Will new carbon rule sink Drake?


Colorado Springs Utilities issued this statement moments ago:

The EPA is currently reaching out to stakeholders and industry groups as it crafts its draft rule for regulating existing power plants for GHG emissions. Currently neither the EPA nor the effected industries is clear on what limits the EPA will seek to impose and what degree of flexibility will be afforded to regulated entities in meeting these standards. The chief difficulty with regulating existing plants is that the Clean Air Act affords the primary responsibility of crafting regulations with the States, not the EPA. While the EPA will craft general guidelines (determine the "what"), it will be the State of Colorado that will craft the specific plan ( determine the "how"). It is too soon in the process to tell what EPA's general guideline will look like let alone what the State of Colorado will propose in response.

——— ORIGINAL POST FRIDAY, SEPT. 20, 3:21 P.M. ———— 

Drake Power Plant: Are its days numbered? - PAM ZUBECK
  • Pam Zubeck
  • Drake Power Plant: Are its days numbered?

The Obama administration says it plans to impose restrictions on how much carbon power plants can emit. And that might change how the Drake Task Force performs a study of how and whether to retire the downtown coal-fired power plant.
Or it might not.

City Councilor Andy Pico, a member of the task force, says via e-mail, he's not sure whether the EPA truly will enact such restrictions.

"There is no certainty as to what the rule will entail, what will be required and on what schedule," he says. "Regulatory risk is one of those factors that we've included" in the study, which is analyzing the social, economic and environmental factors of operating Drake years into the future.

Pico says it's likely the task force will discuss the newest development in implementing a carbon restriction at its next meeting on Nov. 6. The group will meet  at 1 p.m. at 121 S. Tejon St., fifth floor. 

The task force is studying several alternatives for Drake, including: retire the plant in 2033; retire the plant in
2019 with one unit retired in 2016; retire Drake in 2028 and abandon the plant or remediate the site; retire
the plant in 2022; choose timing based on lowest net cost; choose timing based on social, economic and
environmental factors; retire the plant in 2022 and replace capacity with 30 percent renewables, such as
wind; convert Drake to natural gas.

Drake and the Nixon coal plant 10 miles south of Colorado Springs make up 40 percent of the city's generating capability, George Luke, general manager of energy supply with Colorado Springs Utilities told the Utilities Board on Wednesday.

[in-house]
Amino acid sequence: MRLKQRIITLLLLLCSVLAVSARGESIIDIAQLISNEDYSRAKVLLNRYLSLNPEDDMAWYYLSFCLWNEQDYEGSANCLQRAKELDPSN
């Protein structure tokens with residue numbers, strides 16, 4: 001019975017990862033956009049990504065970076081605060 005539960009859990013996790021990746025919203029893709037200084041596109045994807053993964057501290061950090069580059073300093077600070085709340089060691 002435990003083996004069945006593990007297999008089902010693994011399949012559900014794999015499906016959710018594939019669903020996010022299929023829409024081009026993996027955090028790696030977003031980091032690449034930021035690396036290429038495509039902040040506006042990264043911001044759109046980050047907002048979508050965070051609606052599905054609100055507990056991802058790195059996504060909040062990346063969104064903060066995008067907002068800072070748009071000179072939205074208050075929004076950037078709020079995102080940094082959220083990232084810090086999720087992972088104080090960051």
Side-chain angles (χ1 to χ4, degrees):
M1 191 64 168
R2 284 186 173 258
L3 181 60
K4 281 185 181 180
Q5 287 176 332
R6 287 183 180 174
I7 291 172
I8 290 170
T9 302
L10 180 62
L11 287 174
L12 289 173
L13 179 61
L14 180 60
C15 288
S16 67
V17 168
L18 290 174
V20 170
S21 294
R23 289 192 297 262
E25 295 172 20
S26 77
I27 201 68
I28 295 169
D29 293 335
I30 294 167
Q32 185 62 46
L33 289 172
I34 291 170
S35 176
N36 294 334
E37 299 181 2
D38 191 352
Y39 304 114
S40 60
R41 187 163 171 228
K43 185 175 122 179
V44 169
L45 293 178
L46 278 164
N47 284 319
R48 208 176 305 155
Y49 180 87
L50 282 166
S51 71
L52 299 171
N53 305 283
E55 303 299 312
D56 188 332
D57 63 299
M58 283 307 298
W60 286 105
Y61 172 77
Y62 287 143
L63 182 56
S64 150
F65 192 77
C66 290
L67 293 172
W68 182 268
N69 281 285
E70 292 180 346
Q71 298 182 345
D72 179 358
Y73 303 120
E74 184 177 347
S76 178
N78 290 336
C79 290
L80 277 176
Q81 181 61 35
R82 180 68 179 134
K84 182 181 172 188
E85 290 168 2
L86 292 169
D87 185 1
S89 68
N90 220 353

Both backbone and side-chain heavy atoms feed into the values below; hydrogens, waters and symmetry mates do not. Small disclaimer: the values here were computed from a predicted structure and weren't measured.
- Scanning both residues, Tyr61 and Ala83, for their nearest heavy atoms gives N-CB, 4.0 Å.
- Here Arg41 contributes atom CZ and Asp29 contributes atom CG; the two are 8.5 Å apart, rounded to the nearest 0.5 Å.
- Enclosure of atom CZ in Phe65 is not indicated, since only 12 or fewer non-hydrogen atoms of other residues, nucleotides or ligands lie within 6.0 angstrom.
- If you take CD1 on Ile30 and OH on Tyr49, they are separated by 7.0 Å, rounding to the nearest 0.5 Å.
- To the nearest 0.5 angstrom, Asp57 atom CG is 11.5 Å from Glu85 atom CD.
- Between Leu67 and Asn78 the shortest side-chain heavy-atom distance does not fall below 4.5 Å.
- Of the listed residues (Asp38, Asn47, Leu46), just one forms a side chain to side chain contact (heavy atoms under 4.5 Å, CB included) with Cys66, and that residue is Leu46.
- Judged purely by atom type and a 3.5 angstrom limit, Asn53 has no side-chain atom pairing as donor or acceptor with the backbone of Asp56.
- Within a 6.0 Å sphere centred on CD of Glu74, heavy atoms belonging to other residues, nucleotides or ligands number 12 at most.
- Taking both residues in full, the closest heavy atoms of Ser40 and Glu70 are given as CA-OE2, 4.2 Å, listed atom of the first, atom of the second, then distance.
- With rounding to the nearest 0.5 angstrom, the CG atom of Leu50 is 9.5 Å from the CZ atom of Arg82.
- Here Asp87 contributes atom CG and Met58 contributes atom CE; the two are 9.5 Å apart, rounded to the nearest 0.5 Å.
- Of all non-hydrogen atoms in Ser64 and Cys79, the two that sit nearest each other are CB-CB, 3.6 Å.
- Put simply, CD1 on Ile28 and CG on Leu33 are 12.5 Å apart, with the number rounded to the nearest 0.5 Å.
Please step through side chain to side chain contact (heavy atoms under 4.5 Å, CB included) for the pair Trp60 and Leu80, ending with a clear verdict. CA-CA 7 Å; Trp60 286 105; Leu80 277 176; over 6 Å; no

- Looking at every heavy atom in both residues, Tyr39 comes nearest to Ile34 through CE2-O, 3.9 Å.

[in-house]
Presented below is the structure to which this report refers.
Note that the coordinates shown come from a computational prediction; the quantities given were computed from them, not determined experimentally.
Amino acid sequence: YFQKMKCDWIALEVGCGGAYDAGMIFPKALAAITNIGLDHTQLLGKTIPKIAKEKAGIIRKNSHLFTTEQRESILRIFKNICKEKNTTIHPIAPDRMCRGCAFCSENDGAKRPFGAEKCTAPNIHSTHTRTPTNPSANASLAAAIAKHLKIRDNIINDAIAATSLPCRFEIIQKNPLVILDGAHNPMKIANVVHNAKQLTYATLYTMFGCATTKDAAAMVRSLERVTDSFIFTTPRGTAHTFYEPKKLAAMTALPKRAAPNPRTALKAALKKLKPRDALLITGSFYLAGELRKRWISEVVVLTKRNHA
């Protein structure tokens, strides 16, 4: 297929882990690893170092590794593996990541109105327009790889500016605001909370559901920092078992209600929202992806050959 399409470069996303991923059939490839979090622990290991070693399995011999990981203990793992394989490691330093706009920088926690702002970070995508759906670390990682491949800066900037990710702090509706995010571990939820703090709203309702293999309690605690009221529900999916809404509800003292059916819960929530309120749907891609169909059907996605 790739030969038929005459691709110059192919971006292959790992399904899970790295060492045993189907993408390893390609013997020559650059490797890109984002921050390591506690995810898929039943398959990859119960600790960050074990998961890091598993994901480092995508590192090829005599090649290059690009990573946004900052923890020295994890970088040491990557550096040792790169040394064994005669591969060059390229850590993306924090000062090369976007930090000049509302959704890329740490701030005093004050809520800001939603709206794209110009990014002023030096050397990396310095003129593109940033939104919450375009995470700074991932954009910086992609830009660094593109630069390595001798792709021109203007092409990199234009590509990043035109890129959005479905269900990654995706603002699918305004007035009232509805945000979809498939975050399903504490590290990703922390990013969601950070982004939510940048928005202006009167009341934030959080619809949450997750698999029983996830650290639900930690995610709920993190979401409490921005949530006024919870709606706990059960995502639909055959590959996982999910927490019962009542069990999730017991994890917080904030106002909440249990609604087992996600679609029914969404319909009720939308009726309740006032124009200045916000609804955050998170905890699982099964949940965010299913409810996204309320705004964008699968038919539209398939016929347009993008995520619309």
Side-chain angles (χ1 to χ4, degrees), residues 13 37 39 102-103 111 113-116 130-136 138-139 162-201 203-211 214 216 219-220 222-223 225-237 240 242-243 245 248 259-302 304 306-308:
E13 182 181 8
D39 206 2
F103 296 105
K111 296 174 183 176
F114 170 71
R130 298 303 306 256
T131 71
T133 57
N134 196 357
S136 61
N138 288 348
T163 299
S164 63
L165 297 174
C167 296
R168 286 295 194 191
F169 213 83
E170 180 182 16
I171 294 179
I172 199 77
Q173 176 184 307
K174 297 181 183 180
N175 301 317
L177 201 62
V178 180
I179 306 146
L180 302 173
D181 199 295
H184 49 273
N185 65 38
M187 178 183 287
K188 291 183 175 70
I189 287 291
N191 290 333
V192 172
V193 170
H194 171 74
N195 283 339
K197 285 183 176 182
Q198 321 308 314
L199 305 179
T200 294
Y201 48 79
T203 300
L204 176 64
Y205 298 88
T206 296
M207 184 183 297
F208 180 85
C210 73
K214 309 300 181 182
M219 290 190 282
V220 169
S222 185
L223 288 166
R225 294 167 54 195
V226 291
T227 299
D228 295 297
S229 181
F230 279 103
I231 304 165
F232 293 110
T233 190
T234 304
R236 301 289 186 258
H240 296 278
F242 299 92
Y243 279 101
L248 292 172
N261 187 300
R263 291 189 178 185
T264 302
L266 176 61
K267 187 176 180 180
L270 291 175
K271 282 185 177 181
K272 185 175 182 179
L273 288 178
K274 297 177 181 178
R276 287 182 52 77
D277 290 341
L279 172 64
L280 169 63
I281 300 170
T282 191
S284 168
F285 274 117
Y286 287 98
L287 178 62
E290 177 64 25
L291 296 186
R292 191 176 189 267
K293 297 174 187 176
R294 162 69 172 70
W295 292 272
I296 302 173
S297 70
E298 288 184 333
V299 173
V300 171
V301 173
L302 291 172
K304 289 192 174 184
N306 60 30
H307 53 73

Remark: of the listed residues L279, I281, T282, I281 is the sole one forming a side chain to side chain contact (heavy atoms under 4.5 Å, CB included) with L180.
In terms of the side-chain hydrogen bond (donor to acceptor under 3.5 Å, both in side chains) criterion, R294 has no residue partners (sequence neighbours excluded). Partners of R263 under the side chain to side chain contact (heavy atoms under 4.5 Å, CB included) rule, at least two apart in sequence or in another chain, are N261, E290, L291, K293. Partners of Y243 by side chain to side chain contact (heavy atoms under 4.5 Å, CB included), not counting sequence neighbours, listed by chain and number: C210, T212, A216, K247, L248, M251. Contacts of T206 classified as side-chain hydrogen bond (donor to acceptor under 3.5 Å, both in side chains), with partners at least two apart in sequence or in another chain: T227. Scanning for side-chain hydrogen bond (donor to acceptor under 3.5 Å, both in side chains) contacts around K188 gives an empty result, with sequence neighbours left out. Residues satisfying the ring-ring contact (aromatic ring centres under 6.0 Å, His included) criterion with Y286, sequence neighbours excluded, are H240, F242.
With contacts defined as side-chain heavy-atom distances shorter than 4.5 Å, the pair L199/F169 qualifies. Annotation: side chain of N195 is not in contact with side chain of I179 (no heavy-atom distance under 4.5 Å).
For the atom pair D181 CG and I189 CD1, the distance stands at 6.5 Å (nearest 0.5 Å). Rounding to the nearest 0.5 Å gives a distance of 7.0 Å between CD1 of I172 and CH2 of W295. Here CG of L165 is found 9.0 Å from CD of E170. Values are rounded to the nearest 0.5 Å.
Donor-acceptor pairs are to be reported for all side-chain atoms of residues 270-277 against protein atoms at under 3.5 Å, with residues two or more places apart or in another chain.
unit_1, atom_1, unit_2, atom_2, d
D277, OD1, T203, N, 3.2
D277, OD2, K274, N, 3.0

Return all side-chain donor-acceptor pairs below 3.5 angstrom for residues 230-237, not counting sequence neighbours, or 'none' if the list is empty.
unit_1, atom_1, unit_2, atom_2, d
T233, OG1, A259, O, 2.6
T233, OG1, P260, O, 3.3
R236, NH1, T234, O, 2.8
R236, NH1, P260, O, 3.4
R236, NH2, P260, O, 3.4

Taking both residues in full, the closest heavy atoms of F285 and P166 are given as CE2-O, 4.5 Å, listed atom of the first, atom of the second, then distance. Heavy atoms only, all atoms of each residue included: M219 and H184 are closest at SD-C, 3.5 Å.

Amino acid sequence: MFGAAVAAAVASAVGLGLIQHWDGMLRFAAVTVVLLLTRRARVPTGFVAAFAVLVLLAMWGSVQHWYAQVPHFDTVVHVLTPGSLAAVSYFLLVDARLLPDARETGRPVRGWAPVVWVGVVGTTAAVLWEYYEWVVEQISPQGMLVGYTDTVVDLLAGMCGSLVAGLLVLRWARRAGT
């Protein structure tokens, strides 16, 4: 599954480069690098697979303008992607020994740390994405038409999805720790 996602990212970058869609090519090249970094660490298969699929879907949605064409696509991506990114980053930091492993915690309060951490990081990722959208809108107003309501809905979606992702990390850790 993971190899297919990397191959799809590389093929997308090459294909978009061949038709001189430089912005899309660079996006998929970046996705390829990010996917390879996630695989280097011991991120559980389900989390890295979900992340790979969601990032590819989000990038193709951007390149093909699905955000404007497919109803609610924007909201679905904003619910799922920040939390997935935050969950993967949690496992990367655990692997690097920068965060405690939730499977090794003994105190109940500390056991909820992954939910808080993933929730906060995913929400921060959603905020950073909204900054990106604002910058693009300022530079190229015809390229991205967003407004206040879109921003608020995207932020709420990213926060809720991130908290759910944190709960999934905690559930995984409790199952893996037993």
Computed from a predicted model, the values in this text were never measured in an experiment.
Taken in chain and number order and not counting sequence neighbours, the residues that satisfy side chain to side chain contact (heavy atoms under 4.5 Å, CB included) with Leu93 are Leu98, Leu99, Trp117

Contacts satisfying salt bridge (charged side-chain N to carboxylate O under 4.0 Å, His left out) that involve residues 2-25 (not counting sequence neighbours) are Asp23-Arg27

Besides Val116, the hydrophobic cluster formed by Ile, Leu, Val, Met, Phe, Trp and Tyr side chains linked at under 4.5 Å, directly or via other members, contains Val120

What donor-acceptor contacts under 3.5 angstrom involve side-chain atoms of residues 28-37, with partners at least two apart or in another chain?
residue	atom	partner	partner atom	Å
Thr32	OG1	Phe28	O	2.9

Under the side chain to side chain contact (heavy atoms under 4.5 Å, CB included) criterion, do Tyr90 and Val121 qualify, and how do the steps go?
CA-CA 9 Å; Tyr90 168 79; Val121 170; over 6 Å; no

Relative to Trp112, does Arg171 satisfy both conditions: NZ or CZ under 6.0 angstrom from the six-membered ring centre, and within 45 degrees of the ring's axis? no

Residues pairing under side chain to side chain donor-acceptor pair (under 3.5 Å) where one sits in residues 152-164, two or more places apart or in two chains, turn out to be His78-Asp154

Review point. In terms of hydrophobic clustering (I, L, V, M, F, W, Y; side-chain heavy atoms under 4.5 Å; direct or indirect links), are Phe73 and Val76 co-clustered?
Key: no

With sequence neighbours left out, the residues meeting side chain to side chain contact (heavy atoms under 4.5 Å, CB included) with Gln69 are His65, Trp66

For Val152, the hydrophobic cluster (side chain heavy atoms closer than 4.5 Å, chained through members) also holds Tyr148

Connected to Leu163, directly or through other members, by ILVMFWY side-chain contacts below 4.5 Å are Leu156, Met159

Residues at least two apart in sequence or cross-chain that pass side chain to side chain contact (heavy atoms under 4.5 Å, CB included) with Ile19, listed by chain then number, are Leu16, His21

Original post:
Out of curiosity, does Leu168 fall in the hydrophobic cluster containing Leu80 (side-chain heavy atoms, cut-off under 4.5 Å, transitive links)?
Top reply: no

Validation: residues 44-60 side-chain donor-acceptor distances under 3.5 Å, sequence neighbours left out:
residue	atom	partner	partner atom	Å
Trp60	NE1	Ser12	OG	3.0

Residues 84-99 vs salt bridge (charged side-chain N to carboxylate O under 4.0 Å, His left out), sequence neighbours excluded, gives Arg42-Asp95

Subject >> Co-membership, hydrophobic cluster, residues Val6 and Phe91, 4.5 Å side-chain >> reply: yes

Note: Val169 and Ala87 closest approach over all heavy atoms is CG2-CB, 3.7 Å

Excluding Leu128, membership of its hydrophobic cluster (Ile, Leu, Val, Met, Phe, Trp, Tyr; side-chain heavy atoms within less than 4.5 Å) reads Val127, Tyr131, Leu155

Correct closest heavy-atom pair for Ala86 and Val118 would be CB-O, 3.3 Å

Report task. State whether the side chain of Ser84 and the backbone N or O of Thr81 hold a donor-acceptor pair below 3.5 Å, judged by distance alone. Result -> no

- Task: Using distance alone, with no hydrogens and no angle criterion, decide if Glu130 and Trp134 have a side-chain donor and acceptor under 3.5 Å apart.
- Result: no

As part of his "emissions control update," Luke outlined the schedule for compliance with regulations restricting emissions of Nitrogen Oxides (NOx) and Sulfur dioxide (SO2). Which was to say that both Drake and Nixon will achieve compliance with their deadlines in 2017 and 2018.

To achieve that will cost ratepayers $245.1 million. Broken down, that means paying $224.35 million for SO2 compliance and $20.7 million for NOx compliance.

Neumann Systems Group, a local company, invented an emissions removal technology that's being installed on Drake. It won't necessarily be used on Nixon; it will be up to each contractor who submits a bid for the Nixon emissions work to choose an emissions-control technology, Luke said.

Neumann's NeuStream technology "shows promise" for removing carbon, energy officer Bruce McCormick said on Wednesday, but there's been no push by Utilities on that front because no regulations are in place.
Environmental groups wasted no time endorsing the idea of limiting carbon emissions. Here's a statement from Environment Colorado and the Sierra Club:

While public health safeguards against mercury, arsenic, soot and other dangerous pollution from power plants exist, there are no federal limits on the carbon pollution that is responsible for climate change and fuels extreme weather. That’s wrong. Today the Environmental Protection Agency announced the first federal standards for carbon pollution for future power plants, setting us on a course to eventually address the largest source of carbon pollution in the nation, America’s aging fleet of existing power plants.

This is a major step toward meeting our obligation to our children and future generations to address the challenge of climate change. With this action, the President and the EPA are ensuring that no future power plants can dump unlimited carbon pollution in the air.

We applaud the President and EPA Administrator Gina McCarthy for setting this important public health and clean air safeguard and we encourage the administration to move forward with strong carbon pollution standards for existing power plants.

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